Saudia’s current first class product on their Boeing 777s is an antiquated six seats across, but with a huge cabin of 24 seats.
Their business class on that aircraft is angled. It’s not terrible as far as such things go on a dry airline, but hardly a modern product.
You can use Delta miles to redeem for Saudia business class. You cannot use Delta miles for international first class on Saudia (or any other airline). Fortunately miles in other SkyTeam partner programs can be used for Saudia first class.
And even better, Saudia appears to be getting a new first class for their Boeing 777. Via @SultanALFuraih1 it appears to be suites with doors somewhat reminiscent of Etihad’s first class on their Boeing 777s.
Now that government-supported Saudia will join Emirates, Etihad, and Qatar in offering superior premium cabin products, will Delta lobby the U.S. government to block their SkyTeam partner from flying to the U.S. or offering discount fares?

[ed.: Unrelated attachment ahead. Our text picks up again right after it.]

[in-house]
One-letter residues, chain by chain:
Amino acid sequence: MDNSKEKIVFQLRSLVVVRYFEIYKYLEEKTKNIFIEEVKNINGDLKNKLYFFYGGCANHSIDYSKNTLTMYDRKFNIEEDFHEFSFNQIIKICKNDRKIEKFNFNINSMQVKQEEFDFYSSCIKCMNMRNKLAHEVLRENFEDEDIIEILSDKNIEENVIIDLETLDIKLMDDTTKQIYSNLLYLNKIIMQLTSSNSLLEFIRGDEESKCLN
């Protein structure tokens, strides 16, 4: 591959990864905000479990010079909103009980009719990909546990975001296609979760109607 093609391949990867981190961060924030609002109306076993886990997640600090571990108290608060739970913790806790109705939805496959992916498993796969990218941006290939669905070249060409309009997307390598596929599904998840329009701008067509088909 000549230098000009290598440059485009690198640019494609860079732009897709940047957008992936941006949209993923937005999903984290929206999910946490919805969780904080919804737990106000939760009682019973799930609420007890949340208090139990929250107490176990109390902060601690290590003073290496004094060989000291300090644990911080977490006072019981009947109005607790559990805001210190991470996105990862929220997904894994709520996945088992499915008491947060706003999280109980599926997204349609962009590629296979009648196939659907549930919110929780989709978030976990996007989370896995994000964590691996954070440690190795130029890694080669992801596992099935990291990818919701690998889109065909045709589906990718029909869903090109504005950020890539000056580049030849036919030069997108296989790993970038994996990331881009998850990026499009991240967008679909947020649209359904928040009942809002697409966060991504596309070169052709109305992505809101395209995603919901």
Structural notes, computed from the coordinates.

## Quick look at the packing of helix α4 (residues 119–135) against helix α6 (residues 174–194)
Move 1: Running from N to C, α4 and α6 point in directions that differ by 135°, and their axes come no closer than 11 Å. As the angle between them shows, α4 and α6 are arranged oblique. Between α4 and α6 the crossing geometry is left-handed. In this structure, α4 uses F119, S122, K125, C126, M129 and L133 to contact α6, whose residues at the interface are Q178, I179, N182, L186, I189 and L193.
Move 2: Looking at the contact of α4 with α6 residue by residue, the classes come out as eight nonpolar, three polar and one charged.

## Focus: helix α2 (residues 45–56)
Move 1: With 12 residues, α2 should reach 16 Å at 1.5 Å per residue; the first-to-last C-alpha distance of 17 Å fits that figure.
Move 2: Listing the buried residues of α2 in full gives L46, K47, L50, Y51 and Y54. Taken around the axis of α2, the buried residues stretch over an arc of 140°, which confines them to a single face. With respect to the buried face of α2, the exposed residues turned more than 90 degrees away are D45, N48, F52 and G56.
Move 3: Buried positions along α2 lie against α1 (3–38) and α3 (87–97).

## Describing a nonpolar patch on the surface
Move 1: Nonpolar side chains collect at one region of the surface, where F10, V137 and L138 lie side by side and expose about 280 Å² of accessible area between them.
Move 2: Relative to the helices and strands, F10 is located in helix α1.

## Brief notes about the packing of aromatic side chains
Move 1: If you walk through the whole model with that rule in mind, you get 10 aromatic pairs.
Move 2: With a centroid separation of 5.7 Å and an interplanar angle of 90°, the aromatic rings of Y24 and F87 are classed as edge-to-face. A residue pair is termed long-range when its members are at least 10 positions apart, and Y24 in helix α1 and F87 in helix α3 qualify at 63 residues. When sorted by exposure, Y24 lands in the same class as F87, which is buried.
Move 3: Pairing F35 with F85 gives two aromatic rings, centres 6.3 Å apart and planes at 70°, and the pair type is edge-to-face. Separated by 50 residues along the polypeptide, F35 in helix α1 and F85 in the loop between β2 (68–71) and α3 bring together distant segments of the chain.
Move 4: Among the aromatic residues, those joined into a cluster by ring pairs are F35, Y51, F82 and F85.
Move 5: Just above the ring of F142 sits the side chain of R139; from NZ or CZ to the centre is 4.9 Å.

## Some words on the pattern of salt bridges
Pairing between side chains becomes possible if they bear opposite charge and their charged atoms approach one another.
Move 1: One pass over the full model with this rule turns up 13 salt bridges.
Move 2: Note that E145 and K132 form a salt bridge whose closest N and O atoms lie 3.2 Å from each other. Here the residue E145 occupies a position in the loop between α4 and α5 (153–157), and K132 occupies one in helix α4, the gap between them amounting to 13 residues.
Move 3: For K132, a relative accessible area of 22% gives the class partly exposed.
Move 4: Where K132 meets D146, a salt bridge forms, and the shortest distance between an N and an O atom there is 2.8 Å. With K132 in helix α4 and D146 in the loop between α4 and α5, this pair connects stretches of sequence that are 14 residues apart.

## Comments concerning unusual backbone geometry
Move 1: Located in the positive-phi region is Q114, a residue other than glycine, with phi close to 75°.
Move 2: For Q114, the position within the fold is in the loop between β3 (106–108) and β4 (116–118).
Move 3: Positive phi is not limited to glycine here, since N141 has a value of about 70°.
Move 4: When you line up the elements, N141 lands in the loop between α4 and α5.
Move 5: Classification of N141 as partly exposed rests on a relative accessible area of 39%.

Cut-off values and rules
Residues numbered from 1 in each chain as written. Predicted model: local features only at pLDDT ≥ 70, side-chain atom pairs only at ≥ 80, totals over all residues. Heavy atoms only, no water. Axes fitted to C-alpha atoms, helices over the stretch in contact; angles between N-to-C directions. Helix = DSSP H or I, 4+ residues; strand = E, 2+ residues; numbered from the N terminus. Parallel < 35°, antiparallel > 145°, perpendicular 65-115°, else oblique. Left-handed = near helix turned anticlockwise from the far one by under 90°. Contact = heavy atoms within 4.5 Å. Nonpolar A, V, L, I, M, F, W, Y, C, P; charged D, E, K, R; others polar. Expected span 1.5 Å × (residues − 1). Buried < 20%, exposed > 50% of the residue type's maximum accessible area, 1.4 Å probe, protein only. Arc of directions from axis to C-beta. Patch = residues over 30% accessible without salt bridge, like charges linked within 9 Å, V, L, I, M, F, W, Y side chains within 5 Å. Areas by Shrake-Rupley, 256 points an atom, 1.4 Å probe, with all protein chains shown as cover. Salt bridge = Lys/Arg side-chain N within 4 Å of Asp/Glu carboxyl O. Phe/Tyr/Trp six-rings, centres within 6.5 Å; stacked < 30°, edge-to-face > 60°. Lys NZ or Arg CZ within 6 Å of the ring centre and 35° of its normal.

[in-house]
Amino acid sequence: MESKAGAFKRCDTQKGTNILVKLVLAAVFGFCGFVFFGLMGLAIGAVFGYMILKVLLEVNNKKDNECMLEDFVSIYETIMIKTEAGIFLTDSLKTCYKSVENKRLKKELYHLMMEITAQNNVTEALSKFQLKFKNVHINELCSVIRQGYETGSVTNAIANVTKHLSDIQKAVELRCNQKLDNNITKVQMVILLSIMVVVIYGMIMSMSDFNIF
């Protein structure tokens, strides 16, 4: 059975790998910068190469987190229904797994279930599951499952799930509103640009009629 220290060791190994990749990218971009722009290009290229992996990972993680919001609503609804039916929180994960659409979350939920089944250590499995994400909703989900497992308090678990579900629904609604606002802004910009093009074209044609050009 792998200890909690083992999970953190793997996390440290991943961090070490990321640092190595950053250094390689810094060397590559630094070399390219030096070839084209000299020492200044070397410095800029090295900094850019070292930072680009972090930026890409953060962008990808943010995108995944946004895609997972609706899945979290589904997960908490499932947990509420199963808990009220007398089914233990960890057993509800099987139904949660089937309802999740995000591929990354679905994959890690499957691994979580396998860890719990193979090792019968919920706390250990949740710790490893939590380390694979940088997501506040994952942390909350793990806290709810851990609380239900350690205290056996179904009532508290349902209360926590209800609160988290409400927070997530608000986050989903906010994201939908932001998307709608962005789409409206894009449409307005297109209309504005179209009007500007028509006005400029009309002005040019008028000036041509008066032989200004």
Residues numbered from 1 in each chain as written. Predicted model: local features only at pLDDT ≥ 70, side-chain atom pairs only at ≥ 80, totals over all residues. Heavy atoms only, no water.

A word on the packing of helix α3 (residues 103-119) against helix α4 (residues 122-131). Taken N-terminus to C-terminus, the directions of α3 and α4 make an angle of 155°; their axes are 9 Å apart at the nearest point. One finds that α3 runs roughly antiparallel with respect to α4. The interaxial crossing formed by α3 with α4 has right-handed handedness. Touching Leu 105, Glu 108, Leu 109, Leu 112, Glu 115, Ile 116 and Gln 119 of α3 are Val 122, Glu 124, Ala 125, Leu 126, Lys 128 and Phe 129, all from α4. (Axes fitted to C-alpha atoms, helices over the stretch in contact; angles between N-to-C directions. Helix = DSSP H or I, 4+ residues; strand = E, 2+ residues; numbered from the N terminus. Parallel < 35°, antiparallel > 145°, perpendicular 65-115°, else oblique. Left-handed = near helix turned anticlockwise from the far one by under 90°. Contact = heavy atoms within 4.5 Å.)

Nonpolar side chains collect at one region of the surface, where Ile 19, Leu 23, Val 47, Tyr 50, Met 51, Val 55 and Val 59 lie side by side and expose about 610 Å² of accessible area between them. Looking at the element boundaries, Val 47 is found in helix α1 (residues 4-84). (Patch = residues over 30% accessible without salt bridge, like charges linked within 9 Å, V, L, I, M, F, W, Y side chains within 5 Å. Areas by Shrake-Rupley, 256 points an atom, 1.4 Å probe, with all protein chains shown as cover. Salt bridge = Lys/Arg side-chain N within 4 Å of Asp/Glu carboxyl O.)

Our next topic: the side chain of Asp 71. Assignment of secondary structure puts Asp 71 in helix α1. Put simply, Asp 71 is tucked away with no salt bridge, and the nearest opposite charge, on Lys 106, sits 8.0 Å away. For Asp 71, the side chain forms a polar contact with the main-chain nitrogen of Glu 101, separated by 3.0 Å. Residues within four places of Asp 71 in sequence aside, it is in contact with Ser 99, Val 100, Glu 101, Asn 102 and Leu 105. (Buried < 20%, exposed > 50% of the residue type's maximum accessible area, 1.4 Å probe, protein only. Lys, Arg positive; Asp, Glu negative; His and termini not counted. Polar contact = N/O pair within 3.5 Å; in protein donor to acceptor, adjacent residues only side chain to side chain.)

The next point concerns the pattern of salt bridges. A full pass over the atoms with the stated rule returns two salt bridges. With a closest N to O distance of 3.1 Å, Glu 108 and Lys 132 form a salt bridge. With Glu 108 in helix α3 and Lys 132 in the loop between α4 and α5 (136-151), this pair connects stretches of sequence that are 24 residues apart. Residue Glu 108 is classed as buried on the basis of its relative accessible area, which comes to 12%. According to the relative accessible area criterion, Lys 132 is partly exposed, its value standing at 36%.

While you’ll need a visa to enter Saudi Arabia, you can generally transit up to 18 hours inside the airport without a visa.
Saudia can be a useful partner to fly to a variety of destinations, although it’s not yet clear where the new product will be flying or how many planes will be equipped with first class suites.
First class awards between the US and Middle East or Africa are just 160,000 Korean Air miles roundtrip. (Korean is a transfer partner of Chase Ultimate Rewards and Starwood Preferred Guest.)
And while Korean Air Skypass adds fuel surcharges onto awards where those are included in paid fares, Saudia doesn’t have fuel surcharges. For example, here’s the breakdown of a Los Angeles – Jeddah first class fare: